Then came a change of direction which flabbergasted her publishers. The Last of the Wine – which is perhaps her best novel – is the story of a boy called Alexias, who grows up during the wars between Athens and Sparta. It is a first-person narrative, and from its opening sentence there is a directness of tone which is arresting and beautiful and moving. Renault’s trademark as a historical novelist was this: she took her created world for granted, and expected her readers to do the same.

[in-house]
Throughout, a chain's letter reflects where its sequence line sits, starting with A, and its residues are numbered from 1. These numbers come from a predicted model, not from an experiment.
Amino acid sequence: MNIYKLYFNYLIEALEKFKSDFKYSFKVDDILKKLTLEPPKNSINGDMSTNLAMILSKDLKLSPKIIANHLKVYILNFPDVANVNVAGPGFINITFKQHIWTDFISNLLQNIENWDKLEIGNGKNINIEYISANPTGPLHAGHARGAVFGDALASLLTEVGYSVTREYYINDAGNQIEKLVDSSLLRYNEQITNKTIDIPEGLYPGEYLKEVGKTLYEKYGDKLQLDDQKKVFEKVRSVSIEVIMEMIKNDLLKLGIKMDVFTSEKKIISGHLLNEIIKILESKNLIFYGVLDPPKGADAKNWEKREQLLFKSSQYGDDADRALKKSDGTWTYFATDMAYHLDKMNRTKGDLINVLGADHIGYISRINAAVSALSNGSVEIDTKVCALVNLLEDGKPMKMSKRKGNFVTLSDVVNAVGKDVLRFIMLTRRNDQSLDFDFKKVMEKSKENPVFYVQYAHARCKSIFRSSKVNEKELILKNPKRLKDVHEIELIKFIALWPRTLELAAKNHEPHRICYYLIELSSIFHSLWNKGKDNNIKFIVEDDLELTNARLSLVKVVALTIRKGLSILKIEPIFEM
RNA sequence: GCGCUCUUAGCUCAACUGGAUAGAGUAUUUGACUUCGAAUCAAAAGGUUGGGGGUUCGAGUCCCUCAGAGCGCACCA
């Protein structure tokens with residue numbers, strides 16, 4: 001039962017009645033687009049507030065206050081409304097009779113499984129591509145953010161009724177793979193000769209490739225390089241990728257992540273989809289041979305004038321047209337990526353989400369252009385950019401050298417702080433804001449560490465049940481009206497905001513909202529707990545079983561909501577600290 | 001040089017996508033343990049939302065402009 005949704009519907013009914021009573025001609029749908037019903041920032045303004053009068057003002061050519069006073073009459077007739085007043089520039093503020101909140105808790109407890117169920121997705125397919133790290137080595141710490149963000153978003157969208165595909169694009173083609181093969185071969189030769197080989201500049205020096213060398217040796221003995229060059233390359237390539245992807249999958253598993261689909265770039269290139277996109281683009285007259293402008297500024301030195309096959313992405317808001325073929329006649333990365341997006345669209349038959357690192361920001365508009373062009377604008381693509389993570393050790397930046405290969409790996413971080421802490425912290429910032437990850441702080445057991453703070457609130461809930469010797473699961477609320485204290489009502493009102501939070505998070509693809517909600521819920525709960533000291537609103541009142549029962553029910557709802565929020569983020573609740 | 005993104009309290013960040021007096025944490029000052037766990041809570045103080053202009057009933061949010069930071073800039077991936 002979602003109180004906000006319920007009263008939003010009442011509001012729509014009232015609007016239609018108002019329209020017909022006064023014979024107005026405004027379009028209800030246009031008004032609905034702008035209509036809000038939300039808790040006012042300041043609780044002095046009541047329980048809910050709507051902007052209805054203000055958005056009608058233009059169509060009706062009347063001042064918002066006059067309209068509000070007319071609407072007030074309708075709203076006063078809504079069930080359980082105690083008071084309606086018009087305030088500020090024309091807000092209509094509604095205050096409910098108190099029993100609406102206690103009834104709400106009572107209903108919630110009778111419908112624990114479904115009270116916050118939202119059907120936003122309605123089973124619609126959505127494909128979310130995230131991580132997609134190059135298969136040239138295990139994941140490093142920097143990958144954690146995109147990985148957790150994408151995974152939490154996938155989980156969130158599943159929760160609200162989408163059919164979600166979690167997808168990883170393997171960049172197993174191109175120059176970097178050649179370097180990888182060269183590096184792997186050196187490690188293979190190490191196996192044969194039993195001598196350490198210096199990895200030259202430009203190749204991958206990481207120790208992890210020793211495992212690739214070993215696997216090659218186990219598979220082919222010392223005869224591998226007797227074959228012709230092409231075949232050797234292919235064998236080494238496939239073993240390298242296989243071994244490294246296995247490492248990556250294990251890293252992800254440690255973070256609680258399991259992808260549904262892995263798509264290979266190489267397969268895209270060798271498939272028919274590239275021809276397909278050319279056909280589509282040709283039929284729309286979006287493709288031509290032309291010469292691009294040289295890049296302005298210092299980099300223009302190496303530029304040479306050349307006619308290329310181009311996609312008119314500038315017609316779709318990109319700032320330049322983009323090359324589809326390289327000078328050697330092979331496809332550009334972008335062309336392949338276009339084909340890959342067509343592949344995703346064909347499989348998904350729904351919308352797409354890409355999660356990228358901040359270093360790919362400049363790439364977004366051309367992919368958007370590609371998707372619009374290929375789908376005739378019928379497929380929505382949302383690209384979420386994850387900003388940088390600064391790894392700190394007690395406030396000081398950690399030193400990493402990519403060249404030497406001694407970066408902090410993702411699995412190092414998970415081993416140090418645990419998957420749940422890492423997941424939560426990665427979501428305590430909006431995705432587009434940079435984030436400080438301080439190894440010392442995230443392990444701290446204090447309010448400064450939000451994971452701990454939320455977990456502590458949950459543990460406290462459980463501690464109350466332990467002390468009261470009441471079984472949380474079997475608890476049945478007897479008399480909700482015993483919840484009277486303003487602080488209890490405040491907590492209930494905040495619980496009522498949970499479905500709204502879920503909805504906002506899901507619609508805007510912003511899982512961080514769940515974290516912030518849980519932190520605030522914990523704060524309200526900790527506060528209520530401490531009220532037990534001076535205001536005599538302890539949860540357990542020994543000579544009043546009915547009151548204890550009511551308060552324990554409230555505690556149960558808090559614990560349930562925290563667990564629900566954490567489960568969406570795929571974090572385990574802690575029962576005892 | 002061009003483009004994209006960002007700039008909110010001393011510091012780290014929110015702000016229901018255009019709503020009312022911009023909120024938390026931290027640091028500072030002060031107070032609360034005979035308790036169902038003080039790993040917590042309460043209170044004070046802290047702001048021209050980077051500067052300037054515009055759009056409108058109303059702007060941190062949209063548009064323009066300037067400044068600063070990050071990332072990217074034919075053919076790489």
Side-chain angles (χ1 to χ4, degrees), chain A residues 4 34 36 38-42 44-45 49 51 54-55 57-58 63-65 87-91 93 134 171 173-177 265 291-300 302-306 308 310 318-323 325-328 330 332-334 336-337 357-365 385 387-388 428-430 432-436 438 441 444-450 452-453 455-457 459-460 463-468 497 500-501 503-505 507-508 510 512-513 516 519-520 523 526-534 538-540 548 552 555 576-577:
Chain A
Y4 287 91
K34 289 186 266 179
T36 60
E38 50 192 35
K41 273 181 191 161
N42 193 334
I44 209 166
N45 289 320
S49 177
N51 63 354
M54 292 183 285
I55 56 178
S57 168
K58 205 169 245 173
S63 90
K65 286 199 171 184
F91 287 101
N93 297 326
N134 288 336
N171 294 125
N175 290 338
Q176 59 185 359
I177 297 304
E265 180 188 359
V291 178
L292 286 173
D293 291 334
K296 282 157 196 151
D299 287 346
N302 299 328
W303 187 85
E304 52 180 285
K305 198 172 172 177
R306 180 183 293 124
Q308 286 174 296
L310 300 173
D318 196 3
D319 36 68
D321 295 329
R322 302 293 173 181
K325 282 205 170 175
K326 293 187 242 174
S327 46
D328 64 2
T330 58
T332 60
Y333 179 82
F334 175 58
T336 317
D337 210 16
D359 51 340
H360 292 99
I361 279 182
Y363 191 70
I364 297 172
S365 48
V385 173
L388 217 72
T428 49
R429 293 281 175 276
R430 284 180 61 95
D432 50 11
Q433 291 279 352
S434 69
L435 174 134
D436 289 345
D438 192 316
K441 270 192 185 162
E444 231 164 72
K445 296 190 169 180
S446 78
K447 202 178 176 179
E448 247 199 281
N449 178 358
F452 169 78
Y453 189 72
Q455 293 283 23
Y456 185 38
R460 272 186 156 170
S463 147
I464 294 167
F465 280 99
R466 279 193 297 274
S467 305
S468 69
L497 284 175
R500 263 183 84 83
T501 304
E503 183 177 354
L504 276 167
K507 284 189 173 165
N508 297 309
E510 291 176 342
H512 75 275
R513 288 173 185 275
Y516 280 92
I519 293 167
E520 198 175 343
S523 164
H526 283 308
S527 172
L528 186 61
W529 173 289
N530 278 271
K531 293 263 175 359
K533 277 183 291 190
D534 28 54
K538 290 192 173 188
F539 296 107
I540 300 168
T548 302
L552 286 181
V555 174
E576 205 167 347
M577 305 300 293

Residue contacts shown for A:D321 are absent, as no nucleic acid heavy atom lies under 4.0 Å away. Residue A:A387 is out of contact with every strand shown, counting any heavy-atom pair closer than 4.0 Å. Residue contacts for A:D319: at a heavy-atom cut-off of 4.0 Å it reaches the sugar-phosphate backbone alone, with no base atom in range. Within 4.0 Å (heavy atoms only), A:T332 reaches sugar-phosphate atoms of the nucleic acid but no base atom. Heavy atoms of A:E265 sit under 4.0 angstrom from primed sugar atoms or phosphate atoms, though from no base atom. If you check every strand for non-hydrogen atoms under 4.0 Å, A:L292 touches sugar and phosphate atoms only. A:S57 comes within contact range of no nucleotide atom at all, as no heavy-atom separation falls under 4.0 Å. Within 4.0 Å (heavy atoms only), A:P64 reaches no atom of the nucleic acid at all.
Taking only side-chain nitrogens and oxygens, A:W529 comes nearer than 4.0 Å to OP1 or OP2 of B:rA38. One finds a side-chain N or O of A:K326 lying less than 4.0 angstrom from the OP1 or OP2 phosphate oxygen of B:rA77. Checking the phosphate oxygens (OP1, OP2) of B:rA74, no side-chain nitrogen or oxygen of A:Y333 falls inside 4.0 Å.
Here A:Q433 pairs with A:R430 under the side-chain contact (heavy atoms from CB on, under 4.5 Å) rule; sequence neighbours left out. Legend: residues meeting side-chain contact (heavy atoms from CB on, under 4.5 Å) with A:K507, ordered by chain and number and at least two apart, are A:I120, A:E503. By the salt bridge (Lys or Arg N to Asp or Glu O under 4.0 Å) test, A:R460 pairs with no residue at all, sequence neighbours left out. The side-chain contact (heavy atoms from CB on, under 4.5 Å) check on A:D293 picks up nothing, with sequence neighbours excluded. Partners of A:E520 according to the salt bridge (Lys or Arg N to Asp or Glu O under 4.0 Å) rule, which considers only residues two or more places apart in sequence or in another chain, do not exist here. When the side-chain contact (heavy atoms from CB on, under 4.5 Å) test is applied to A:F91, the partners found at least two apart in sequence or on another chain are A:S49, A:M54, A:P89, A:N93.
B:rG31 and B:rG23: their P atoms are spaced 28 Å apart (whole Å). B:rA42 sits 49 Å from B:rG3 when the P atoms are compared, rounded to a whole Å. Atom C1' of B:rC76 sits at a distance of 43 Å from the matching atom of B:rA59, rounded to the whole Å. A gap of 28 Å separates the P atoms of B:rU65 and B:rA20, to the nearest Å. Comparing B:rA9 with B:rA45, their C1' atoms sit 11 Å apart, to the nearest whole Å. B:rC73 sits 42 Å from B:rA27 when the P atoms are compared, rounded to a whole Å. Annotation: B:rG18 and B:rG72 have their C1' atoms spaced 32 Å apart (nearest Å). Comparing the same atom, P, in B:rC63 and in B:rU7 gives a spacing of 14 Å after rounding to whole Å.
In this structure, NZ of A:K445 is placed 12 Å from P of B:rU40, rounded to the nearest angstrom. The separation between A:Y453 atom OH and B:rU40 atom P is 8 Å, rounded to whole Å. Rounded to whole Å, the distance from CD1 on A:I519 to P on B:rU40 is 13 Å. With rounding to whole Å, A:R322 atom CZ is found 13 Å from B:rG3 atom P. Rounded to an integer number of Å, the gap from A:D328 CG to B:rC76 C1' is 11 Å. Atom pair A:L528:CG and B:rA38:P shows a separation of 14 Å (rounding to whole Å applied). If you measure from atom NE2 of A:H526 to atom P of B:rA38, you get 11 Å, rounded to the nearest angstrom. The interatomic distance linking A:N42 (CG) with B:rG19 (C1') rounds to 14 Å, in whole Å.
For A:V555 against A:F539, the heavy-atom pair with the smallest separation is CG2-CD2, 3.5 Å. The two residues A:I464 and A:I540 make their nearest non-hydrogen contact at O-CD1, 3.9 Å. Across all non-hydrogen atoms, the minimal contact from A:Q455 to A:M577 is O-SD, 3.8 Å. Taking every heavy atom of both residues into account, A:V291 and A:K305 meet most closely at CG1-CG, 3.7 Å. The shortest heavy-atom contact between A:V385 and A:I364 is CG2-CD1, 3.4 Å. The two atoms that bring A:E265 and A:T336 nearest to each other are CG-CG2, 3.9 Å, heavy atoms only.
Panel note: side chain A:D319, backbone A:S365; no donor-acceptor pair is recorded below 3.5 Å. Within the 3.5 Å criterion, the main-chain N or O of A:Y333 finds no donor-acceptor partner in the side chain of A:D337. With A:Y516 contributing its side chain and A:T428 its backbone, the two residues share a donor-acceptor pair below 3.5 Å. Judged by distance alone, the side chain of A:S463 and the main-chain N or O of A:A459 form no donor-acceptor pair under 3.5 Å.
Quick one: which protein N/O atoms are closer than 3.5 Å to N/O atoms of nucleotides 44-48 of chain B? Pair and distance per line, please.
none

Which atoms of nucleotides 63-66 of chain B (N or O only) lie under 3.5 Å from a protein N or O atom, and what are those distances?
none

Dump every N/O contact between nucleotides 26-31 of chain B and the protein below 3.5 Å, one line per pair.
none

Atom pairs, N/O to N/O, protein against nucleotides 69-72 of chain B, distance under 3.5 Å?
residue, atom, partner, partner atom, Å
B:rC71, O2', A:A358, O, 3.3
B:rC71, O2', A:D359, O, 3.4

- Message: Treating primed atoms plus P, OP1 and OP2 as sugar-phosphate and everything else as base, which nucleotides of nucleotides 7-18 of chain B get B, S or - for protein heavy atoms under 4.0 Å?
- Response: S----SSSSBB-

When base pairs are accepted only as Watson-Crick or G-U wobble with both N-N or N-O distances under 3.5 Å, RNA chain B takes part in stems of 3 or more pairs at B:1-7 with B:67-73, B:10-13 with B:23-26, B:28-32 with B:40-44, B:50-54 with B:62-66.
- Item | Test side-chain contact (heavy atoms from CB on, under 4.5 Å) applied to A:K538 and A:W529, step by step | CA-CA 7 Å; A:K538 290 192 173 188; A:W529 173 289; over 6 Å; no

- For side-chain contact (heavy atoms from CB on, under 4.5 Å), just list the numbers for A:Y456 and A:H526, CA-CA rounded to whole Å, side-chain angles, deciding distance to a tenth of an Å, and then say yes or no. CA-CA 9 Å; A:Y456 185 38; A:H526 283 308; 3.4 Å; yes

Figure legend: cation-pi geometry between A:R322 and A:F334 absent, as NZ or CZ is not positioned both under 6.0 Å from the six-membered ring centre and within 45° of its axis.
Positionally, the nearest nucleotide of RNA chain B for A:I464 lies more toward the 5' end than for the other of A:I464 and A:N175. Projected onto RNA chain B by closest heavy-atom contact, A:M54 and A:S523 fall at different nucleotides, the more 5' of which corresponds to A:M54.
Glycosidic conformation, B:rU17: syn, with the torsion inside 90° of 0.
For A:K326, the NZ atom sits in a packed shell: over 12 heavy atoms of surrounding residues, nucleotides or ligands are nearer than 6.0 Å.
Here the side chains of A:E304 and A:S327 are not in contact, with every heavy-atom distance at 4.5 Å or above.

For some tastes, she over-described, but she never over-explained. Rather than acting as an interpreter of the past, she seemed to open a door and wave the reader in. Her preoccupations were large ones – freedom, responsibility, power; she did not impose the values of the present on the past, or allow her characters to have thoughts, impulses, wishes which they could not have had. In The Last of the Wine there is an episode in which Alexias’s young stepmother gives birth to a daughter, while his father is away fighting. When the baby is a day old Alexias receives a letter from his father, saying that if the child is a girl she is to be exposed. He tears his father’s letter up, throws it in a privy, and pretends it has not arrived. He has seen the child with her fine silver hair. He thinks of a bitch whose puppies he once drowned. He thinks of his stepmother: just a woman, weak, lonely. His concession is a one-off; Renault does not permit him even the glimpse of a shadow of a notion that infanticide might in itself be wrong. Of course, she should not: but how many writers would resist it, and still carry their readers with them? Not until her last novel does the reader feel more revolted than improved.